Joint tenancy is a legal concept that many partners, whether romantic couples or business partners, use to avoid probate when one passes away. It’s also referred to as JTWROS, or joint tenants with rights of survivorship. It allows partners to retain equal rights to any assets under the tenancy without having to go through legal channels to gain such rights in the event one partner dies.

Unfortunately, there are also dangers that go along with joint tenancy that need to be carefully considered before you go this route. Discover the risks and dangers of joint tenancy, why you might want to think twice before considering this option, and how an estate planning lawyer can help.

The Dangers of Joint Tenancy

Joint tenancy does have measurable advantages for partnerships. It can, used properly, help to avoid probate courts if someone dies without a full estate plan. Without making the right arrangements, the courts will step in to determine how assets are distributed. Even in terms of a will, sometimes the courts will examine it to ensure that it’s valid.

All told the entire process can take even years if there’s a complex estate in play. JTWROS is a means by which you can quickly transfer liabilities and assets to a surviving partner, getting around probate delays. The risks, however, include things like unstable relationships, loss of asset control, and frozen bank accounts.

Unstable Relationships

Unstable relationships can always be problematic, and joint tenancy kicks in the moment you establish it. This means that any decision you make has to be agreed upon by both partners. If you’ve got a contentious relationship with your partner, you could run into problems while you’re both alive. If you can’t always agree on what needs to be done, consider carefully before pursuing this option.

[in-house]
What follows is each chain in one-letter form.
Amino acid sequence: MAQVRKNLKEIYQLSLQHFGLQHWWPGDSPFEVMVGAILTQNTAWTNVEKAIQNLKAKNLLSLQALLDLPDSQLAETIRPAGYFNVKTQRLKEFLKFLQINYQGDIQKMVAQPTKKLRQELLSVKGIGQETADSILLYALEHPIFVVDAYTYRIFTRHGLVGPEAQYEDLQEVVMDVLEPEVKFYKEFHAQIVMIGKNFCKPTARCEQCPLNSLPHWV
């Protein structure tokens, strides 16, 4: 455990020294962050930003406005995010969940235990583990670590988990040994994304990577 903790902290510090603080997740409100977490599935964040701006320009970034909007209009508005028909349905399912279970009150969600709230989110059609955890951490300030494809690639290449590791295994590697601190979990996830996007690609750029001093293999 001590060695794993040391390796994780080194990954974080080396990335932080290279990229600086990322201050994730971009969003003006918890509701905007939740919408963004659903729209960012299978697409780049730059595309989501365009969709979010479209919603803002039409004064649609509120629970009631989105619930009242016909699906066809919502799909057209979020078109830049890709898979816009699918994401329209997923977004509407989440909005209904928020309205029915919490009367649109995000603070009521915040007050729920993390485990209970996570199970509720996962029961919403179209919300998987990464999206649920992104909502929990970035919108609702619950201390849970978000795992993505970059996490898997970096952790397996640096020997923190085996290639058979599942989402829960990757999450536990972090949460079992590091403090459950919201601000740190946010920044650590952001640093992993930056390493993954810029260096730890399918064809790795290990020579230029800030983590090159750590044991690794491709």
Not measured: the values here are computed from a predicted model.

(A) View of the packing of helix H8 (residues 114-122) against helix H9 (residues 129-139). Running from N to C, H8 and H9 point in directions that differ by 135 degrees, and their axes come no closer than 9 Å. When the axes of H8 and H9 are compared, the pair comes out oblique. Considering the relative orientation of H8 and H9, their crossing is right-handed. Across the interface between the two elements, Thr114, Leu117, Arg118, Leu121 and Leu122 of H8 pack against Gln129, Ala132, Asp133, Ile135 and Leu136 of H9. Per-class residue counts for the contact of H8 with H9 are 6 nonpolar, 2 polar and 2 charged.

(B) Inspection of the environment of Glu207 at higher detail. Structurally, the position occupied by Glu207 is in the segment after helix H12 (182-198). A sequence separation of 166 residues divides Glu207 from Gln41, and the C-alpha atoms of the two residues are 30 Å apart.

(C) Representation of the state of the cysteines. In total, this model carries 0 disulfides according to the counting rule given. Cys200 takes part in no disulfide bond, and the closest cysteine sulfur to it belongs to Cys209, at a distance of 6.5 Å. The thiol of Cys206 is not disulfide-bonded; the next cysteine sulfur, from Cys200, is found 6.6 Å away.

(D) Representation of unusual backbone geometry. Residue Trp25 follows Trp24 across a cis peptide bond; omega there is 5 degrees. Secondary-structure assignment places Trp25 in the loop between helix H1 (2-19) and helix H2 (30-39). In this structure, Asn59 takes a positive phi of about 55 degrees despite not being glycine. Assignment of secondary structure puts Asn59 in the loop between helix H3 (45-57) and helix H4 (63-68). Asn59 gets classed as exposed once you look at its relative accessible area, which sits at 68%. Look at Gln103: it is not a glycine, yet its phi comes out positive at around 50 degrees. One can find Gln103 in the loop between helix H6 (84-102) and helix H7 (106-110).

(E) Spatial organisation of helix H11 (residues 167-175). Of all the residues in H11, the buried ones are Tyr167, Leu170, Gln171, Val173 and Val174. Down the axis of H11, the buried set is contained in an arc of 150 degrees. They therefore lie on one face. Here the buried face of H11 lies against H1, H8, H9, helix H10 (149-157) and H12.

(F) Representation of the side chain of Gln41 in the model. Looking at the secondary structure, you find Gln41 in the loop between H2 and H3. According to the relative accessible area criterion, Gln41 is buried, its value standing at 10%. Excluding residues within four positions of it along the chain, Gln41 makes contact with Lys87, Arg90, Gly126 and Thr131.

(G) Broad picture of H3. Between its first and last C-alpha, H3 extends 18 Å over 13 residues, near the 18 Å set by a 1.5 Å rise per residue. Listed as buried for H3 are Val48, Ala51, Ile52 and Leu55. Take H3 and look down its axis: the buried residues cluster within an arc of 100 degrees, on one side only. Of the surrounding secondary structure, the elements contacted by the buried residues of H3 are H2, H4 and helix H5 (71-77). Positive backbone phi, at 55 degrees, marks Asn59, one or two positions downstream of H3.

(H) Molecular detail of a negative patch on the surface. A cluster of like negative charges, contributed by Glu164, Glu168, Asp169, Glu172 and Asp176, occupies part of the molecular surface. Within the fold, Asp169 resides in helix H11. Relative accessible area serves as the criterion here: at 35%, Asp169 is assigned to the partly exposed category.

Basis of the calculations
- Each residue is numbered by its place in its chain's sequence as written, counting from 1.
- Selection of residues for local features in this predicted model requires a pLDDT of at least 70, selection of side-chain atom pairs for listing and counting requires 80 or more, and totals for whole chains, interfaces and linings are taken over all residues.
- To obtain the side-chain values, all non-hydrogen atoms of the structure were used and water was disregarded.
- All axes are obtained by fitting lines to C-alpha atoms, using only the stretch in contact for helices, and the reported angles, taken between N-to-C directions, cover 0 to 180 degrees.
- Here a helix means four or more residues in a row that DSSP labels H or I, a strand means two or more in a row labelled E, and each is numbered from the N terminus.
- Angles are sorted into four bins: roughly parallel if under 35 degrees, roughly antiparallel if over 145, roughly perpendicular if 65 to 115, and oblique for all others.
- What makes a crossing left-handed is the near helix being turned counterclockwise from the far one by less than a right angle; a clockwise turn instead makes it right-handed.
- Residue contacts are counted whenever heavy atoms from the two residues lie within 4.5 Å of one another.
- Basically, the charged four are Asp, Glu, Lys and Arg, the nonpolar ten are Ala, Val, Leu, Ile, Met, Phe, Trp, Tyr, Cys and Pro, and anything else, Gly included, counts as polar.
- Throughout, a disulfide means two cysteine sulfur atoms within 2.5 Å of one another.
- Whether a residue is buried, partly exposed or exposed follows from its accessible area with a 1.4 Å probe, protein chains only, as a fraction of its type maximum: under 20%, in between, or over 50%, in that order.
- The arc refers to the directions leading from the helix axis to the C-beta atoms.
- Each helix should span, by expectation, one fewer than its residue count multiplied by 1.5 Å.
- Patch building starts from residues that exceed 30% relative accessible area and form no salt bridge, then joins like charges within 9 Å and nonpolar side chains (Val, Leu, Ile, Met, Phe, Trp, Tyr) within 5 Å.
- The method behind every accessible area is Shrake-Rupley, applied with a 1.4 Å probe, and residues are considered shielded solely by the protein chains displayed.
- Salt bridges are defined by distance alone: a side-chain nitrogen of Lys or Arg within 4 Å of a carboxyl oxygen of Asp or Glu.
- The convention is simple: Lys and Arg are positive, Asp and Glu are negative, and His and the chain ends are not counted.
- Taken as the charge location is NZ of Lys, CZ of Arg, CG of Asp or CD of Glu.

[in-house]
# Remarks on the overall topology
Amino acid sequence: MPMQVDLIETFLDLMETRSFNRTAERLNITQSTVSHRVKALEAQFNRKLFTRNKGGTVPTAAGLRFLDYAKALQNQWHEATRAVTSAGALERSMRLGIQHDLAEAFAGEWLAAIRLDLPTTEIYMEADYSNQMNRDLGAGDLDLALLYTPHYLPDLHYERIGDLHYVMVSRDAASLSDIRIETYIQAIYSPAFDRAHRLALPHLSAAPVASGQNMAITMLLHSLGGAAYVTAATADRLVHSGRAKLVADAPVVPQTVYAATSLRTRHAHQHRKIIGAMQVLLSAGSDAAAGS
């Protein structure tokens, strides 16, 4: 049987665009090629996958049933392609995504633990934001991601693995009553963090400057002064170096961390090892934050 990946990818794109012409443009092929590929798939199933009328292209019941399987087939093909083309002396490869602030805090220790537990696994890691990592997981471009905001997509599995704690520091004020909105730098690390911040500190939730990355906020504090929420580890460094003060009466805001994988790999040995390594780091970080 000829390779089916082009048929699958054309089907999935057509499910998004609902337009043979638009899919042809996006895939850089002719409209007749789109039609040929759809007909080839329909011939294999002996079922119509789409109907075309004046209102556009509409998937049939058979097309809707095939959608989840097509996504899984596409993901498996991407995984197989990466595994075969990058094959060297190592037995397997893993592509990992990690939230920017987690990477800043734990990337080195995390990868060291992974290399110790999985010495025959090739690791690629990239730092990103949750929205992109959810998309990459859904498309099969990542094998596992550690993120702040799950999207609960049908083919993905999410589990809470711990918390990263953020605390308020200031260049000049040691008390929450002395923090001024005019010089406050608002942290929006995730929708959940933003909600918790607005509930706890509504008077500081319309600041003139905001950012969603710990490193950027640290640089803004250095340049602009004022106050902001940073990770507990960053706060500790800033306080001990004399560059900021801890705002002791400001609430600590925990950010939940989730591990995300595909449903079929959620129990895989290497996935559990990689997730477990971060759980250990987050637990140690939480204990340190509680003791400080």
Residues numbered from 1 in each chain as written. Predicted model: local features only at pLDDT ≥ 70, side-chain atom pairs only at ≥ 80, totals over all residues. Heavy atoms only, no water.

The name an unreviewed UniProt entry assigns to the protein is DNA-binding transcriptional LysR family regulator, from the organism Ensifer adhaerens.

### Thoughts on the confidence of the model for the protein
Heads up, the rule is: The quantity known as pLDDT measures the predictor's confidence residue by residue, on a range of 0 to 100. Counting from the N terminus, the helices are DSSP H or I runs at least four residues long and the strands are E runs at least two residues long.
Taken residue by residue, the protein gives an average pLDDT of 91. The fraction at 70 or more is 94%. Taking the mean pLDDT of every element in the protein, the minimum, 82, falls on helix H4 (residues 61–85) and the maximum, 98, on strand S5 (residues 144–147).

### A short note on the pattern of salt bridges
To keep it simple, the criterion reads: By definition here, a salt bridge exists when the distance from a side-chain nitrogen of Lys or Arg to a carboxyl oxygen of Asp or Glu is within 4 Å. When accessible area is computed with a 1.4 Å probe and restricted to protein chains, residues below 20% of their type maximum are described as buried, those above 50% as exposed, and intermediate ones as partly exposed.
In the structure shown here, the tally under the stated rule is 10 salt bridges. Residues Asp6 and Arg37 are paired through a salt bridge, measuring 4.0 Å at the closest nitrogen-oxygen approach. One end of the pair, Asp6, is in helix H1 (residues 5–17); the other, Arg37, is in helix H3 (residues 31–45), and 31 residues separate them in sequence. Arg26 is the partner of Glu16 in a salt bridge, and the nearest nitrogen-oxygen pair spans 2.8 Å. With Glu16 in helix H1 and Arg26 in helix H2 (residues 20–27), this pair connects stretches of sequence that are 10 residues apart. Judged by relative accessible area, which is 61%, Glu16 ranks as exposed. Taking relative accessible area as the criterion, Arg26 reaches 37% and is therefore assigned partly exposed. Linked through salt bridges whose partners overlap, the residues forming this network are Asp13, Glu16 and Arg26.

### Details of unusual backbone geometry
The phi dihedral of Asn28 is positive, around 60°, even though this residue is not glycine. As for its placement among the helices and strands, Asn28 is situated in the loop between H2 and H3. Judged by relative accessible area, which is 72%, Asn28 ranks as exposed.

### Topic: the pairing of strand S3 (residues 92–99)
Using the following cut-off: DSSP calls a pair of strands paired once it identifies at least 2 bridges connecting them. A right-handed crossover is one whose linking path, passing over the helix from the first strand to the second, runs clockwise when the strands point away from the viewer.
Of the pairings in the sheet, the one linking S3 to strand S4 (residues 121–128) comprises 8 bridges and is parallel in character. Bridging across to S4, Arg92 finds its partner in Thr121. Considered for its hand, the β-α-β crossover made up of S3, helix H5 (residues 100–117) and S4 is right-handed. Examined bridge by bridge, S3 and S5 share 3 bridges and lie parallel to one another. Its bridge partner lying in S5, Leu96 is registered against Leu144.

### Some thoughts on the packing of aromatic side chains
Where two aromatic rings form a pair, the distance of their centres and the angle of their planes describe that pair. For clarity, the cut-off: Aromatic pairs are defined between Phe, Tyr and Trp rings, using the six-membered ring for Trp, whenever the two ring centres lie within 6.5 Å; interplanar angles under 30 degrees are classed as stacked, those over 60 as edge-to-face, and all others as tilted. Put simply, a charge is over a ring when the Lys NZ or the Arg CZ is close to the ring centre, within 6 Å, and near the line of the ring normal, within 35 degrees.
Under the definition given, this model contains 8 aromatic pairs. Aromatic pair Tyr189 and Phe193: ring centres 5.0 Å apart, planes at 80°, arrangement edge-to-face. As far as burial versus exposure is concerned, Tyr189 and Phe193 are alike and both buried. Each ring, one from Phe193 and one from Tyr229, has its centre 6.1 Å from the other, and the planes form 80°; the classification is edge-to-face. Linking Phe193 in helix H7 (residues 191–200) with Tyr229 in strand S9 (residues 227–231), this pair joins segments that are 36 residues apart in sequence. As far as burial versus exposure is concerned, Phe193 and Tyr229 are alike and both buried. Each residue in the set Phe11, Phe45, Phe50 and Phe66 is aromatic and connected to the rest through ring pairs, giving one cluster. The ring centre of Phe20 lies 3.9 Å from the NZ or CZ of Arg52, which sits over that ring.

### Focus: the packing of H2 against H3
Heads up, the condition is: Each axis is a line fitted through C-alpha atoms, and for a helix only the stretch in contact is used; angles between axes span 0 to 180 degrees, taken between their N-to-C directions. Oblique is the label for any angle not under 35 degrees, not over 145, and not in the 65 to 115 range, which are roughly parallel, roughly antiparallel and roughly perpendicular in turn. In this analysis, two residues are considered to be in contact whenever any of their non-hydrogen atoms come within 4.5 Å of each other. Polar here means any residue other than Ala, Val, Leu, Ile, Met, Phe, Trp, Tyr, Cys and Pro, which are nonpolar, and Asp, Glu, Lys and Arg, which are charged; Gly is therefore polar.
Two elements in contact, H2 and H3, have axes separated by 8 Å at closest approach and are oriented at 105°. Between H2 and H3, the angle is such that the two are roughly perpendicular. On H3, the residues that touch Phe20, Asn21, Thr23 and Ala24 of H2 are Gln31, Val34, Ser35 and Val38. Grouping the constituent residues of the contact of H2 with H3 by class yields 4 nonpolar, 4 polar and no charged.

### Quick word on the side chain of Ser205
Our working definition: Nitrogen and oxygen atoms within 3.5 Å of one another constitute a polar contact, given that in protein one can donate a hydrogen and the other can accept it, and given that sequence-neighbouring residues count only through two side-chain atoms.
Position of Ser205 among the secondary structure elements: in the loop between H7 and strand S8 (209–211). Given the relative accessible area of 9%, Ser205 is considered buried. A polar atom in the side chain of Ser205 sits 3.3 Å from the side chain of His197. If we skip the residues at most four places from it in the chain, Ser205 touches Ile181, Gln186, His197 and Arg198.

Loss of Asset Control

Do you have solid plans for your business or assets after you die? Do you want them to continue on a specific path? If you use joint tenancy, that won’t matter. All of your control disappears to your partner in the case of your death. That means they can sell off your assets or even bequeath them to someone else.

Frozen Accounts

If you pass away and are heavily in debt, even joint tenancy might not stop probate courts. They can step in to ensure that these debts are paid before anyone gets anything. This can lead to frozen bank accounts in order to stop the liquidation of any assets for the purposes of avoiding debt payment. If there are questions about the nature of liabilities, joint tenancy may not protect you.

Why Call an Estate Planning Lawyer

If you’ve got any questions about JTWROS and your assets, you might want to call an estate planning lawyer. The right attorney can help you explore other alternatives, like passing assets to heirs, creating split ownership of assets, or a range of other options. If you’re in Ohio and need help with your estate planning issues, call the Stano Law Firm for help today.